Plant Molecular Biology

, Volume 48, Issue 1–2, pp 143–154 | Cite as

Proteomics and a future generation of plant molecular biologists

  • Justin K.M. Roberts
Article

Abstract

Proteomic methods are required for the study of many different aspects of plant function. Important issues in proteomics include the molecular complexity of proteins, given that there are hundreds of thousands of chemically and physically distinct proteins in plants, and the context of protein functions with respect to both genomes and the environment. Available genomic and gene sequences greatly simplify the identification of proteins using improved techniques of mass spectrometry. This improved capability has led to much discussion on proteomes, and some experimentation using proteomic methodologies aimed at modest numbers of proteins. The scale of proteomics is open, for the number of proteins and genes considered at any one time is as dependent on the nature of the scientific question posed as on technical resources and capabilities. We know just enough about plant proteomes to imagine the breathtaking scope of our ignorance. There are tremendous opportunities for new molecular biologists to define the nature of the protein machines that transduce genetic and environmental information, and transform simple energy and matter, to give plants.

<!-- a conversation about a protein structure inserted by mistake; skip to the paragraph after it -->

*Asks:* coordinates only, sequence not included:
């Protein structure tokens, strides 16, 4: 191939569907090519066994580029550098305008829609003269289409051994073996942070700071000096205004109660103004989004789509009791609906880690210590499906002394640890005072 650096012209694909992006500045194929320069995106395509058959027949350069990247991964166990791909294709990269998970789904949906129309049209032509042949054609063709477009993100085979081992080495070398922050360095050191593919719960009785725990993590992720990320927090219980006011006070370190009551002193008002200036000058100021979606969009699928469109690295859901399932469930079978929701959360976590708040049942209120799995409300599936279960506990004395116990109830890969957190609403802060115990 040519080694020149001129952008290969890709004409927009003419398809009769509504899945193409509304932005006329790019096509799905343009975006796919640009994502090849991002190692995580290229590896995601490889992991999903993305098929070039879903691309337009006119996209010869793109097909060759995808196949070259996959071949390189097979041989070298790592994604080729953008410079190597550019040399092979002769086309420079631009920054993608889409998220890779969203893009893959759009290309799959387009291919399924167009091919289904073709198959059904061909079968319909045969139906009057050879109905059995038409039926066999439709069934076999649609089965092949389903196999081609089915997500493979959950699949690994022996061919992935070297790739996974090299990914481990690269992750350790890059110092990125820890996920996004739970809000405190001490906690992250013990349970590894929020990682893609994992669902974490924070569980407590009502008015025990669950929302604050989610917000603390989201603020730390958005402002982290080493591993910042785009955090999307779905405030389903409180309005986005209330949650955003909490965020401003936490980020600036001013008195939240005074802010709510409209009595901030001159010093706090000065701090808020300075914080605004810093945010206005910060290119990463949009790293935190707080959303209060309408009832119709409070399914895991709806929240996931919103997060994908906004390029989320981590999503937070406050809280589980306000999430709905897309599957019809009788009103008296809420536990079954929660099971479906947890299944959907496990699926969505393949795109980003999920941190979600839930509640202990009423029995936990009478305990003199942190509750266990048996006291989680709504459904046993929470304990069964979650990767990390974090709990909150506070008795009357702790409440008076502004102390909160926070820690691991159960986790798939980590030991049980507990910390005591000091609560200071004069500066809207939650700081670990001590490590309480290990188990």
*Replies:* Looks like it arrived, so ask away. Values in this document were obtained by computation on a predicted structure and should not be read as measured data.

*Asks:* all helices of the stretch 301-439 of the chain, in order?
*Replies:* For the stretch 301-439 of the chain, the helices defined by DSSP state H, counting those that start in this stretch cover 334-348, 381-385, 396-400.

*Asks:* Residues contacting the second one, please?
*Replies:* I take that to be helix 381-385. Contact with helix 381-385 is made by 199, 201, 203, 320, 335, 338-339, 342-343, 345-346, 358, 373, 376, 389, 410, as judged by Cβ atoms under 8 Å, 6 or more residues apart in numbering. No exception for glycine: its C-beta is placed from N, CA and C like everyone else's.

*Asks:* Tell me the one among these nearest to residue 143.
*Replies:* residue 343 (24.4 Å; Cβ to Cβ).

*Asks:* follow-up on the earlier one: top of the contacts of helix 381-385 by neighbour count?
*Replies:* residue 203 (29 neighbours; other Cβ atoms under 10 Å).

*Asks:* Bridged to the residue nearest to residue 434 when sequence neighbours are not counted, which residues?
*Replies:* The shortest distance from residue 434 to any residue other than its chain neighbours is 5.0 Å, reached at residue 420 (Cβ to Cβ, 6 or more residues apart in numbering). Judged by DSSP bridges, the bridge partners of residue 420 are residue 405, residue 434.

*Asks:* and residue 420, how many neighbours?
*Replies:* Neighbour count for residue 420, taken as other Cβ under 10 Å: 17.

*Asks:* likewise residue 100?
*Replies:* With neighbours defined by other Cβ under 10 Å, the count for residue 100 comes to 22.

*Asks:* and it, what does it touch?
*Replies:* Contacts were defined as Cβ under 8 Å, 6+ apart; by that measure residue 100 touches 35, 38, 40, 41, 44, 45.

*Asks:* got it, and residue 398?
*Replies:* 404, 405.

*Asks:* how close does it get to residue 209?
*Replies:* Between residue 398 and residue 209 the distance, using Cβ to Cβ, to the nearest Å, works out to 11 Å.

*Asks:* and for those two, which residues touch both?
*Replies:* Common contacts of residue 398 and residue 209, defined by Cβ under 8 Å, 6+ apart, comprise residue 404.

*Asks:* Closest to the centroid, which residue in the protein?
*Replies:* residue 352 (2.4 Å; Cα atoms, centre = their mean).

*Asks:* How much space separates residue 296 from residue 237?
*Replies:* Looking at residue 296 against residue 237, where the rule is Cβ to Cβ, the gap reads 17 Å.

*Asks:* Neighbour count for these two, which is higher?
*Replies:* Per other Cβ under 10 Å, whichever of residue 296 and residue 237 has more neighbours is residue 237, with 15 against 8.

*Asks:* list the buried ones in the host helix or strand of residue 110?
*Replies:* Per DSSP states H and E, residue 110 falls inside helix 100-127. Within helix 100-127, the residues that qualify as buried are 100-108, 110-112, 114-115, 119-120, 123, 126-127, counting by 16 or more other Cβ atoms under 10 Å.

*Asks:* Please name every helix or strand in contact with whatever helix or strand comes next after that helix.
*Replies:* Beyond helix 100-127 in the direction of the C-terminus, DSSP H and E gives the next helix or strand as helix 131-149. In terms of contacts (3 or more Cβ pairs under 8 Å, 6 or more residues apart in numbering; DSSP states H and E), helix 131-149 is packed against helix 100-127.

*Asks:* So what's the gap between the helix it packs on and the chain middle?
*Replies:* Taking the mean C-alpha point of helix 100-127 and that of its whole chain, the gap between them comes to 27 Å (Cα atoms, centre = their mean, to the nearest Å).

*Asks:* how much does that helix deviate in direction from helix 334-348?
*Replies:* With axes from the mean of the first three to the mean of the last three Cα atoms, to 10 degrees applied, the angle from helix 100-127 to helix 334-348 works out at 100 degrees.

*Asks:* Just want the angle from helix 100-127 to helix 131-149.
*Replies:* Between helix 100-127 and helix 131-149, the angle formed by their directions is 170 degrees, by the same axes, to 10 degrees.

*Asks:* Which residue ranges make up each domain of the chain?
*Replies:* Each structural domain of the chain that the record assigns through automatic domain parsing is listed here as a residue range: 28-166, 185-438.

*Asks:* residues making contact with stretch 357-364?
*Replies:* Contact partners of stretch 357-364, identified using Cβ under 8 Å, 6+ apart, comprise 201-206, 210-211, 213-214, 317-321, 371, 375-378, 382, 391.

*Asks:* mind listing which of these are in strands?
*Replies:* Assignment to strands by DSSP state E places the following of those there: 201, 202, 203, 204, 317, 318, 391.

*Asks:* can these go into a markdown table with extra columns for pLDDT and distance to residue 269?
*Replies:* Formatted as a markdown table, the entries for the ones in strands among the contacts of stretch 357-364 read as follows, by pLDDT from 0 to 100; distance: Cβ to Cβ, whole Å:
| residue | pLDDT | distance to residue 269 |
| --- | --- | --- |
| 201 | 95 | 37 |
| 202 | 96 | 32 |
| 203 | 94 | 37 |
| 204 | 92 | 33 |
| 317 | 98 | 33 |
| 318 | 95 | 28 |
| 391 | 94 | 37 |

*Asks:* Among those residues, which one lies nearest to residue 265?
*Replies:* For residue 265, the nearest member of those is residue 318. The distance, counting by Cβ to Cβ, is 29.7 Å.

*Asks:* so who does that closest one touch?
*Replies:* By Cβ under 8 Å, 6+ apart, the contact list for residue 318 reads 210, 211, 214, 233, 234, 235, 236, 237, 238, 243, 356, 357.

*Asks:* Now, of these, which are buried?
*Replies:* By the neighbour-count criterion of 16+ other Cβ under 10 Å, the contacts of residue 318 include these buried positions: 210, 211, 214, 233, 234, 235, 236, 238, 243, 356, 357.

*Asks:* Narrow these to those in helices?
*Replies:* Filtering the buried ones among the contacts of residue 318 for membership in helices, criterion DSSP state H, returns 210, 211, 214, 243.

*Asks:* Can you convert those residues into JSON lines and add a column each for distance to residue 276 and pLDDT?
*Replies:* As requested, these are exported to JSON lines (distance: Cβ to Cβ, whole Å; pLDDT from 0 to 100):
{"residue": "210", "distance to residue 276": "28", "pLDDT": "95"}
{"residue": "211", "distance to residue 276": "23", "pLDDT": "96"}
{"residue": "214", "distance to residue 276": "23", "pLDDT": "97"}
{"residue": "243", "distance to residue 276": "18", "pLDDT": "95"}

mass spectrometry proteomics functional genomics gene expression post-translational modification protein identification 

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Copyright information

© Kluwer Academic Publishers 2002

Authors and Affiliations

  • Justin K.M. Roberts
    • 1
  1. 1.Department of BiochemistryUniversity of CaliforniaRiversideUSA

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